Time changes, and so do people, and I decided to downsize the contents, publish only in English and focus on the writing and the topics I am interested in today. But I keep using a format which is not depending on the big networks (the framework of Supertortuga is 100% written by the turtle himself).

I guess I cannot really promise to be around when Facebook is gone... But I hope you will have to stick with me for another 16 years!

Jo Nesbø - Scandinavian noir novelist

Published by Supertortuga on 2017-01-29
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Jo Nesbø. The works of this Norwegian novelist have been translated into over 40 languages, proving to be very popular also outside Norway. I have read mainly the series of novels with Harry Hole as the main character - a hard skinned alcoholic police detective working at the National Criminal Investigation Service (Kripos). Jo Nesbø does a lot of research for his novels, and the stories are very entertaining, giving the reader a lot of background information and letting them know also the side characters. Jo Nesbø is one of my absolute favourite novelists in this gender and I hope he will keep writing for a long time.

Books in the Harry hole series - original Norwegian title (English title), year :

Recommended Scandinavian noir novel(ist)s

Published by Supertortuga on 2017-01-28
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They say that the crime fiction novels from Scandinavia belong to the gender Scandinavian noir, but being Swedish I do not find these books to illustrate a dark society, rather i find the story telling technique in many of the novels to be refreshingly accurate, simply describing things as they are. Opposite to the story telling tecnique used in many American movies, the characters in the novels can seldom be easily sorted into black or white categories, but instead they paint a more balanced picture, with complex personalities and motives, and often with a background criticism of society.

I enjoy reading these books, and after each visit to Sweden, I come back with 10-15 new books, which I read at a pace of 1-2 per month (which is the maximum permitted with my current life situation. I will post separate articles describing some of my favourite novelists following the list below (in no special order).

A raincoat for my golden retriever

Published by Supertortuga on 2017-01-22
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A horse, a horse! My kingdom for a horse!, King Richard III yells out in a famous Shakespeare's play. Here on the Mediterrean coast of Spain it is either raining or snowing, and every dog owner knows that when it rains, after the daily walks your dog returns... humid, wet or soaking wet... So, we don't need a horse, but something would be very appreciated.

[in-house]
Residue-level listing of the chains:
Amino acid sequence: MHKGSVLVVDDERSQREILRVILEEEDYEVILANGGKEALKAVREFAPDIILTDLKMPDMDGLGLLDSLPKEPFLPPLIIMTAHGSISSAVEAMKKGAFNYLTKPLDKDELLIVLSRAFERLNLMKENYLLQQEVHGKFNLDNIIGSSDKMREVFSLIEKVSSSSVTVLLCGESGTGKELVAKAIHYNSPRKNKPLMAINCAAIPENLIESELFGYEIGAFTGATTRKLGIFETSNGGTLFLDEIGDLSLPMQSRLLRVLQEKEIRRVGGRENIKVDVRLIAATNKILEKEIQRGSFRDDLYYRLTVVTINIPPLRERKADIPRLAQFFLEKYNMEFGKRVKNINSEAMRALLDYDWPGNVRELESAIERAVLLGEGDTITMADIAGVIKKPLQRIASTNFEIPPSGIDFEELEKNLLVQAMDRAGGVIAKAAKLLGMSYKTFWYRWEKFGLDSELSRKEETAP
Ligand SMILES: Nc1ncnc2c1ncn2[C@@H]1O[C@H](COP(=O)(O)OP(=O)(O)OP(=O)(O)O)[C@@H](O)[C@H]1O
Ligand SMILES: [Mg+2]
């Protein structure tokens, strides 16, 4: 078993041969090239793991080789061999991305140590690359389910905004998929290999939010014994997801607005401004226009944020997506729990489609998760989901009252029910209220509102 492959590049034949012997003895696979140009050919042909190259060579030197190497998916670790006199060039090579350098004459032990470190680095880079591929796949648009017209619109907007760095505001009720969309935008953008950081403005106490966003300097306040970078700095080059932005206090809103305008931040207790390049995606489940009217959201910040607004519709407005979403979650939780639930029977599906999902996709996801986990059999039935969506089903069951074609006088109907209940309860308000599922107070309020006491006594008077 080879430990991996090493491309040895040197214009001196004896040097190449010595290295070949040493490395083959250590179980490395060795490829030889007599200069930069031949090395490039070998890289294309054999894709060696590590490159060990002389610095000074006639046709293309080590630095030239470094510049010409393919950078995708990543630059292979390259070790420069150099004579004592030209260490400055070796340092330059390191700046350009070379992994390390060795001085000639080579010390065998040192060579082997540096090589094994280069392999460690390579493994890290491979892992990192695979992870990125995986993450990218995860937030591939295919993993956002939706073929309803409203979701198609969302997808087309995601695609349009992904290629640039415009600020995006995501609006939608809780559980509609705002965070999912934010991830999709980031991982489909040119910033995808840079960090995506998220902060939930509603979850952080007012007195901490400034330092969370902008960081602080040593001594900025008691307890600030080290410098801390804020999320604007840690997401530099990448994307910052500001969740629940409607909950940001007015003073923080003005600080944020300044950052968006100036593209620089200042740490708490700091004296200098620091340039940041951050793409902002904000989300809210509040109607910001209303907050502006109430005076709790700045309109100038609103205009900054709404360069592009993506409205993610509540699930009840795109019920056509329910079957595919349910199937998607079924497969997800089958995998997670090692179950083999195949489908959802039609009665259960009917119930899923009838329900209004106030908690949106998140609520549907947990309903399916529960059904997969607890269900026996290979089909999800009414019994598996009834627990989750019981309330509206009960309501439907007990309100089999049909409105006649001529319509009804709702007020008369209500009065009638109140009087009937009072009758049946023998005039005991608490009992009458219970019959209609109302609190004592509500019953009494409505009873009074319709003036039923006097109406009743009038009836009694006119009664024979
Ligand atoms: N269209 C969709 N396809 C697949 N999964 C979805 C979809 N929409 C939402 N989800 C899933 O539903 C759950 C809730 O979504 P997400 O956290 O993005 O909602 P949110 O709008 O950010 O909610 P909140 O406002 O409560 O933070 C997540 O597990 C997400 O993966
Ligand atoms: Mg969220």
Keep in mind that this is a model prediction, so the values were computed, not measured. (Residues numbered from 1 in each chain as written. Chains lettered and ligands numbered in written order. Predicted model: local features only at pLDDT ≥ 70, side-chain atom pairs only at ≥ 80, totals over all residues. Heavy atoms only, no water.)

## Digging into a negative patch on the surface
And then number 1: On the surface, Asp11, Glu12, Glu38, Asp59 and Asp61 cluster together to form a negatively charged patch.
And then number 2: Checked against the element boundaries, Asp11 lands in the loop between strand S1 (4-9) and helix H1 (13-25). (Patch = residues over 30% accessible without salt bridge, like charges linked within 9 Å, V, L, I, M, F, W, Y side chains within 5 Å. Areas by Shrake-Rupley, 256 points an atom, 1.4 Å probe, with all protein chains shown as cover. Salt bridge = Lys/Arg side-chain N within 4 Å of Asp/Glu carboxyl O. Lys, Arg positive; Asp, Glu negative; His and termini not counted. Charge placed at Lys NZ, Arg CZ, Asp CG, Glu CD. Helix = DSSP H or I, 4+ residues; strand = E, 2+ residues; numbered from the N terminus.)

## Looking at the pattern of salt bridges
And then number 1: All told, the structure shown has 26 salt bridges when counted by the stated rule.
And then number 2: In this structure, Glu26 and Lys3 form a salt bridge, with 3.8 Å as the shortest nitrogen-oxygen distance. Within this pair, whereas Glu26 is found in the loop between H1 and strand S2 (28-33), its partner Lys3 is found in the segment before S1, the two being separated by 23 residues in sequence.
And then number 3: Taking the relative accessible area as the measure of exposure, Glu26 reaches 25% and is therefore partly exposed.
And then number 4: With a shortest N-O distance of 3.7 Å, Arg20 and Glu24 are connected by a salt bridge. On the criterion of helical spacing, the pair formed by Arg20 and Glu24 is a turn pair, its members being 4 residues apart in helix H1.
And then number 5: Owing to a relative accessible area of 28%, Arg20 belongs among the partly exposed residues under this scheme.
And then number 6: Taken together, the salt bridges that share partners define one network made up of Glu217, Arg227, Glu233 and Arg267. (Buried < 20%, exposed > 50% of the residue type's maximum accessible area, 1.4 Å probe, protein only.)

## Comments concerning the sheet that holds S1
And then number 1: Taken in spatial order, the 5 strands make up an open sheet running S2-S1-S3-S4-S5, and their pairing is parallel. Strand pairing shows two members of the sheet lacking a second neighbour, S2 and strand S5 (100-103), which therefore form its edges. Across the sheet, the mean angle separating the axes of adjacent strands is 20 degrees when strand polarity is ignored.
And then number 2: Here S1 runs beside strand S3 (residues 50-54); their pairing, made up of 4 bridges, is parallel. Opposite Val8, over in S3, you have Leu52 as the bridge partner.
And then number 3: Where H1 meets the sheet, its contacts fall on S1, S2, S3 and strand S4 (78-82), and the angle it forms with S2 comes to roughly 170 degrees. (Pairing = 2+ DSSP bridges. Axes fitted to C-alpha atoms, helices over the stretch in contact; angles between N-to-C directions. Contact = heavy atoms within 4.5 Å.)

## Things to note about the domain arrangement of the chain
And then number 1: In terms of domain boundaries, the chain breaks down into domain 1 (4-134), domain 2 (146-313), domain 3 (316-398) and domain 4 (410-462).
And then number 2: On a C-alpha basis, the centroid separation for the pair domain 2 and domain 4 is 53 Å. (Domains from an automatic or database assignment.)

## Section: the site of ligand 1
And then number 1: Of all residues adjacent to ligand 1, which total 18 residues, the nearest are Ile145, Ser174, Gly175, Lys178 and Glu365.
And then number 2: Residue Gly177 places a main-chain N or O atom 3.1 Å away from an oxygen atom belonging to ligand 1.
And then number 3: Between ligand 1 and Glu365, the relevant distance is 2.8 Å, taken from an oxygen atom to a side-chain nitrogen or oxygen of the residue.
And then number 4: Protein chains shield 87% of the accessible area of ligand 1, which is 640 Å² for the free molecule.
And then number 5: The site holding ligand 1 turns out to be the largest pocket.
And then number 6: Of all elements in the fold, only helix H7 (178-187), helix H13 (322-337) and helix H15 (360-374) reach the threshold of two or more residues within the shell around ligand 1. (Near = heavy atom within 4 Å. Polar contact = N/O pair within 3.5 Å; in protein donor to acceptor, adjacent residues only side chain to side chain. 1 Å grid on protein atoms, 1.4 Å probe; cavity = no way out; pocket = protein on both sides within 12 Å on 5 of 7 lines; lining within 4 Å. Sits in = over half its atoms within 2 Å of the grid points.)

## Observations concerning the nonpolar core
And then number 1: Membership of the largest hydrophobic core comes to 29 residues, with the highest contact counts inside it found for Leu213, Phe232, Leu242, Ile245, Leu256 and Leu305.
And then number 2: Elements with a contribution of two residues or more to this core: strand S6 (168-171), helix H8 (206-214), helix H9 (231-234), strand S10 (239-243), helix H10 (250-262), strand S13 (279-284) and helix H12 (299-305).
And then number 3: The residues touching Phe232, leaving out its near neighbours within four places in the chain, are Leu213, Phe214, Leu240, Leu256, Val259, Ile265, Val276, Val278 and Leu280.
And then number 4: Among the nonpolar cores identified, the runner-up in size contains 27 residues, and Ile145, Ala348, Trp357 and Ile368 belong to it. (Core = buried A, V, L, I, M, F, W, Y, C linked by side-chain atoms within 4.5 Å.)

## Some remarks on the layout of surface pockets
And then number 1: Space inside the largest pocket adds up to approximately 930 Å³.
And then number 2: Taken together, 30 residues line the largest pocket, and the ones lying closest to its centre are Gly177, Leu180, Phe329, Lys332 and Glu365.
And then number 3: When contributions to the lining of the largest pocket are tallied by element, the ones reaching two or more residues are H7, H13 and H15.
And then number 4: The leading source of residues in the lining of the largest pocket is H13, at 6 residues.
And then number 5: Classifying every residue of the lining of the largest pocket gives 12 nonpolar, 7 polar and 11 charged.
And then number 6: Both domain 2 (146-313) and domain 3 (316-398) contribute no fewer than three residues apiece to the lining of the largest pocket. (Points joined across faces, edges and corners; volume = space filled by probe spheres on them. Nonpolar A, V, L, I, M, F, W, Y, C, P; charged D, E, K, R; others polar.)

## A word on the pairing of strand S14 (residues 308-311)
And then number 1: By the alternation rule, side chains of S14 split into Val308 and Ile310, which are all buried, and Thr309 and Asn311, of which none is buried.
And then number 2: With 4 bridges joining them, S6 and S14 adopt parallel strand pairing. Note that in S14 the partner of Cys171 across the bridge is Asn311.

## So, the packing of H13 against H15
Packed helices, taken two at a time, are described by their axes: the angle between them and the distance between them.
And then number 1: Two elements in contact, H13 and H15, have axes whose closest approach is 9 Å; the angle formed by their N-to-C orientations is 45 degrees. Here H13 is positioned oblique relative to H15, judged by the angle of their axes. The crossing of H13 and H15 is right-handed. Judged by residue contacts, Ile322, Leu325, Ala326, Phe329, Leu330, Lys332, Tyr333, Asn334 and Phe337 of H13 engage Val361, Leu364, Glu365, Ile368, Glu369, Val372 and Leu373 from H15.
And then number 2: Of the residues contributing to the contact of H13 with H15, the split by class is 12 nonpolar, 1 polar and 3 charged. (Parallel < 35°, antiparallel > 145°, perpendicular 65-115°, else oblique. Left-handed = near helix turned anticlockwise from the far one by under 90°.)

If you, like Supertortuga, have a big dog, you need to spend a lot of time drying the dog after each walk. And if you live in a flat or a house without a garden, there is no option; the dog must be well dry before entering your house. Although it does not rain very often here on the Azahar (orange flower) coast, but when it does rain, it literally falls down and it can last for days.

So, fed up of spending so much time drying our golden retriever, Mrs Supertortuga prepared a custom made raincoat. It covers most of the dog, and it does not impede its movements nor disturb her when she has to relieve her needs. And the best of all, our dog returns with all the fur of the torso dry, which means that we only need to dry its head, feet and tail.

My golden retriever posing with her raincoat

My golden retriever posing with her raincoat

My golden retriever posing with her raincoat
Any position is fine when wearing such a raincoat
Look how happy I am

Winter in Spain (public enemy of my palm trees)

Published by Supertortuga on 2017-01-18
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Being a turtle I am against the winter (as a concept).

The winter, albeit without snow but with cold winds, has arrived to the Spanish Mediterranean coast. The temperature during nighttime dropped to -1º last night and the daytime temperature is also colder than normal for the season. The small birds and Spaniards in general hide behind thick winter jackets and scarfs.

This climatic situation means tough businees for some of my plant on the upper terrace, where they are exposed to the cold air. So far, all my plants have put up well, and there and no signs of frost bites, even on the sensitive Ficus Robusta, which are know to be among the first native plants to be affected by low temperatures, mainly because of the high water content in the leaves.

Play it again, Sam (that great C64 game)

Published by Supertortuga on 2017-01-08
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In the great old days, back in the glorious 1980's, I was hooked on to the Commodore 64, an 8-bit home computer introduced in 1982 by Commodore. The C64 is listed in the Guinness World Records as the highest-selling single computer model of all time with an impressive 15 million units sold (so I was in good company).

Compared to today's powerful computers, the C64 had limited resources, but its great advantage was that there was only one model, with common hardware, which made it possible to create a huge amount of software, which further increased its popularity. The C64 had 64 Kb of RAM (hence its name), a 16 colour graphics chip (VIC-II) with sprites and scrolling capacibilites, and the amazing SID sound chip.

I was amazed by the games, and I have spent a huge amount of hours playing classics such as Blue Max, Gyruss, Bandits, Dino Eggs, Fort Apocalypse, Popeye, Wizball, and a countless list of other memorable titles. I do get amazed by today's games, which are truly impressive from a technical point of view, but I believe that many of the games created back in the 80's are masterpieces, often created by one single person, doing all the coding and creative work himself.

Try the command POKE 53280,x (there 0<=x<=15), which changes the border colour of the screen.
The title screen of Bandits

The title screen of Bandits